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Why Is Zinc So Important?

67% of Gluten Sensitive Patients Have a Zinc Deficiency – Lack of This Essential Mineral Can Disrupt 200 Body Functions & Delay Your Ability to Heal…

Zinc deficiency is the second most common deficiency for those with gluten problems and contributes to hormone imbalance, fatigue, skin rashes, infertility, blood sugar problems, and much, much, more…

According to recently published research in the medical journal, Nutrients, zinc deficiency occurs in 67% of gluten sensitive patients. Because zinc is vital to hundreds of chemical reactions in the body, many patients who go gluten free continue to experience symptoms of poor health due to the persistent deficiency of this essential mineral. Are you one of them?

One of these potent, bioactive tabs contains 25 mg of elemental zinc coupled with the active conenzymes, vitamin B-6 and magnesium.


Going Gluten Free is Only a Part of the Healing Process…

Dr. Osborne here,

A gluten free diet is essential to heal, but often times not enough. Zinc deficiency is rampant in the gluten sensitive population, and is a common reason why many who embark upon a GF diet don’t fully recover. Zinc is necessary to control inflammation, repair damaged tissues, support healthy immune response, and aid in the digestive process. Keep reading to learn why zinc is so essential.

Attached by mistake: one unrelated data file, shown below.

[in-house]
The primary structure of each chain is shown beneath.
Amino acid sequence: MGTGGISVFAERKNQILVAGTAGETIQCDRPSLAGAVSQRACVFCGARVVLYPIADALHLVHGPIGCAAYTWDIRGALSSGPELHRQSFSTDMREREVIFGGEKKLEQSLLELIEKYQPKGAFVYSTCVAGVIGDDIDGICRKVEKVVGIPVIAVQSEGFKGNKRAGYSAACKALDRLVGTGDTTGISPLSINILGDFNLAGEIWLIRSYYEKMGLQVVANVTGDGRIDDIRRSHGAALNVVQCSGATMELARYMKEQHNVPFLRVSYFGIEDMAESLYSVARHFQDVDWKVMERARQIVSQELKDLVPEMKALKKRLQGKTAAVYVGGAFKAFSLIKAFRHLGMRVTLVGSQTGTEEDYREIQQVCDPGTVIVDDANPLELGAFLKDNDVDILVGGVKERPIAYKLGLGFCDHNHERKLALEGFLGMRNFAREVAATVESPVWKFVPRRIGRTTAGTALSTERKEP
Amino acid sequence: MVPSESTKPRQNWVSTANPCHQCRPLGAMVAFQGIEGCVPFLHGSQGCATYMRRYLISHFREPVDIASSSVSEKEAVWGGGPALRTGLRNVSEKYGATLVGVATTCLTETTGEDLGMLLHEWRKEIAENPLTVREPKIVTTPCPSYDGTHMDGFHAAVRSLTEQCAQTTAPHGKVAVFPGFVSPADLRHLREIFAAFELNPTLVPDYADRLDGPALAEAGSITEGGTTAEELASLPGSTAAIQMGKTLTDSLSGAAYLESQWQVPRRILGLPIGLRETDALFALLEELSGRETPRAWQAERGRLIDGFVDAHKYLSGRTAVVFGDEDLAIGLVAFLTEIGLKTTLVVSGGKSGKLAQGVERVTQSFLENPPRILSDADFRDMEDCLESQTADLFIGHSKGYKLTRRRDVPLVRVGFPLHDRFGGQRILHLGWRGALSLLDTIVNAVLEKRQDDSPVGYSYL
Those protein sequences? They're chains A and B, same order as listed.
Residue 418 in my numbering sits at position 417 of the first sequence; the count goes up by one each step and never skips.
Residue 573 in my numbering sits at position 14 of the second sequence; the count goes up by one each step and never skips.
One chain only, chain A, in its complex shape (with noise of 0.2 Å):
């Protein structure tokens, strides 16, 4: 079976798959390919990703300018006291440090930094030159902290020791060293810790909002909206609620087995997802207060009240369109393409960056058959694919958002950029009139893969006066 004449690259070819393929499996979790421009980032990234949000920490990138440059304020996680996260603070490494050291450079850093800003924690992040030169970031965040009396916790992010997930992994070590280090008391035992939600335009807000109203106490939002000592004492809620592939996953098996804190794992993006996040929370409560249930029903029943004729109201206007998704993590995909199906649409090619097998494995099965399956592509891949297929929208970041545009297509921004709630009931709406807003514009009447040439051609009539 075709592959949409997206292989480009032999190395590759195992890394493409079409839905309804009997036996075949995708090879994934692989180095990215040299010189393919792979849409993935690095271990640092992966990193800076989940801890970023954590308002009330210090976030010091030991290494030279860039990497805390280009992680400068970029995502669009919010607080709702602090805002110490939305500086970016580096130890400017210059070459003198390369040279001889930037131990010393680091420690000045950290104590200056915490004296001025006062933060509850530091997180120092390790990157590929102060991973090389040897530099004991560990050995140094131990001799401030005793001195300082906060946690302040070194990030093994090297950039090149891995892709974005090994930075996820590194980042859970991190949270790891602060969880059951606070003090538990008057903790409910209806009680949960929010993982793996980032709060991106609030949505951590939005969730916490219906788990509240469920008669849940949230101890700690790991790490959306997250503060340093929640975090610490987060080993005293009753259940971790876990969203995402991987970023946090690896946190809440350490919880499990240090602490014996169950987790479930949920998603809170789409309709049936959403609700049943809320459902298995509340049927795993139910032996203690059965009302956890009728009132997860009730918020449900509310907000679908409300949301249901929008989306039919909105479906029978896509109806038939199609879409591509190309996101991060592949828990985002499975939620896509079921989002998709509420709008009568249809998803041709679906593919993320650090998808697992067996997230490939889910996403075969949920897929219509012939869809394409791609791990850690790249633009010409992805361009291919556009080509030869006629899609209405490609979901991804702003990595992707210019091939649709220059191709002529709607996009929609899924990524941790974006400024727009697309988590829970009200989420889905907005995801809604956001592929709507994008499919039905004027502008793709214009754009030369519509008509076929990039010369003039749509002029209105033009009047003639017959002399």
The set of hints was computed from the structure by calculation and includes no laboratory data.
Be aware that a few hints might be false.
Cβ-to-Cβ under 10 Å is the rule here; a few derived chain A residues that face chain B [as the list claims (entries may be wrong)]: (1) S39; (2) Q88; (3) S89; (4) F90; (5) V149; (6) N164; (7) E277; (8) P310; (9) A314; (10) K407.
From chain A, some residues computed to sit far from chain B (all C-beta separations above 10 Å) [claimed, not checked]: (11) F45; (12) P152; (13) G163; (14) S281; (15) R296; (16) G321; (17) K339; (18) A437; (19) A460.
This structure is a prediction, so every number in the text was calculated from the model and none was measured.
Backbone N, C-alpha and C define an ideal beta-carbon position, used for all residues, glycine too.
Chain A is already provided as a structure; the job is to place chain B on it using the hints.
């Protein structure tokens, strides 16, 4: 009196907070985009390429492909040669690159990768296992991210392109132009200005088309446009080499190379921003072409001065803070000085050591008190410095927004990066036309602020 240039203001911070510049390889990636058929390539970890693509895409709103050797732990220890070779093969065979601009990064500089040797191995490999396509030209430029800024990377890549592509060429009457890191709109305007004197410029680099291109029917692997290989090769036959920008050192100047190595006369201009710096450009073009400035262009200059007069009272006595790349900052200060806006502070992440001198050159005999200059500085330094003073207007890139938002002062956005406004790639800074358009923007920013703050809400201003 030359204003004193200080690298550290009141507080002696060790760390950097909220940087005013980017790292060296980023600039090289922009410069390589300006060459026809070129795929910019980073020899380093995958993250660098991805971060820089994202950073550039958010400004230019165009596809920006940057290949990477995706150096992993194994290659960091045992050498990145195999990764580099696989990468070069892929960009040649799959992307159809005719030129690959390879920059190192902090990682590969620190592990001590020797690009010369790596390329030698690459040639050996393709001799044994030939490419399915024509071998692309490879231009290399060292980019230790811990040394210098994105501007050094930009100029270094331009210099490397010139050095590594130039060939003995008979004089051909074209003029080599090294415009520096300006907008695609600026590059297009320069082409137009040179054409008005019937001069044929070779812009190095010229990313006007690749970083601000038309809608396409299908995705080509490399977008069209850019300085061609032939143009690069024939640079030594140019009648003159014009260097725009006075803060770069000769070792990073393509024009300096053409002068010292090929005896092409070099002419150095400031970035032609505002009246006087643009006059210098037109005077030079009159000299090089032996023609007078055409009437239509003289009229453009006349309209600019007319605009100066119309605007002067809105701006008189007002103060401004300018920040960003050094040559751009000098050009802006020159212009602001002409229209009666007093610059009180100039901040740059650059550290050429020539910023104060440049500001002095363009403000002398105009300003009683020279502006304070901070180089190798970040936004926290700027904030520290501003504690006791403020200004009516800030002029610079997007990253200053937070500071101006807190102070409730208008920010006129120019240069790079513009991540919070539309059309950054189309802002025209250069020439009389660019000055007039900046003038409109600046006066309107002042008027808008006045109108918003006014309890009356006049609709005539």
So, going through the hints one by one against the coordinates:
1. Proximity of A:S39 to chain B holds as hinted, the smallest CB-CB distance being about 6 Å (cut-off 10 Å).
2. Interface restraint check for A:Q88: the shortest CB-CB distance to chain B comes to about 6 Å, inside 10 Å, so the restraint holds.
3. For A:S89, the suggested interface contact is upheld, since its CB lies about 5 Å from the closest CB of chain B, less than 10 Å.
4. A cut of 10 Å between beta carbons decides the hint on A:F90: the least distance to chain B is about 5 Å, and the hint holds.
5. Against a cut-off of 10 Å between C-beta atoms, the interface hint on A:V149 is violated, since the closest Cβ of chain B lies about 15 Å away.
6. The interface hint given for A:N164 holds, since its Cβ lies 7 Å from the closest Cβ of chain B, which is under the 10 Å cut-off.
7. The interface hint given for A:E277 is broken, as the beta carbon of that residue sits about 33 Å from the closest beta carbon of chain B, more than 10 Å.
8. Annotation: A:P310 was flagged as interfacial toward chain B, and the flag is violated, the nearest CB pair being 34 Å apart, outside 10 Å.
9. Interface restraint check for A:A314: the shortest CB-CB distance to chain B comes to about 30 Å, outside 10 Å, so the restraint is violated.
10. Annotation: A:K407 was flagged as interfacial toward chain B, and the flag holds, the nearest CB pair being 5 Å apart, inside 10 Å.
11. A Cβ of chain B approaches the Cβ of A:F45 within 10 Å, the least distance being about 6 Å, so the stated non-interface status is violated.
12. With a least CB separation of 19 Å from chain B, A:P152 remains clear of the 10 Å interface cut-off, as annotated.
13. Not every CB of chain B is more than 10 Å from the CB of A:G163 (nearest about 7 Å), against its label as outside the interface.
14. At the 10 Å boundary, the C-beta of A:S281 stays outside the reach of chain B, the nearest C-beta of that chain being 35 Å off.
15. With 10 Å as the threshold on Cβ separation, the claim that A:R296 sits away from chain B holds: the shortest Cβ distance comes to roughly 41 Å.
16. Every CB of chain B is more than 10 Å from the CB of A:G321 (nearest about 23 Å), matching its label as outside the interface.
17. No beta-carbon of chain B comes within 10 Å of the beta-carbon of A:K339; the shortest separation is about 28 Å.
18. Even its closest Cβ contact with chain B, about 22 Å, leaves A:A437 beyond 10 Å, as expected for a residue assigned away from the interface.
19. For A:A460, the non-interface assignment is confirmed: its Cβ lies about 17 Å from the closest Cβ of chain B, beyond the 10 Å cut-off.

Why Is Zinc So Important?

This essential mineral plays a major role in human health and wellness. Zinc aids and contributes to the proper regulation of:

Additionally, zinc has been shown to play important roles in cellular energy production, hormone regulation (thyroid, insulin, growth hormone, as well as prolactin). Without this mineral taste and smell, detoxification, night vision, vitamin A metabolism, bone growth, and muscle maintenance are all compromised. The 5 most common symptoms of zinc deficiency are shown in the image to the right.

Zinc deficiency GFS

Symptoms of Zinc Deficiency

Aside from the 5 most common listed above, low zinc can manifest as:

Are You At Risk for Deficiency?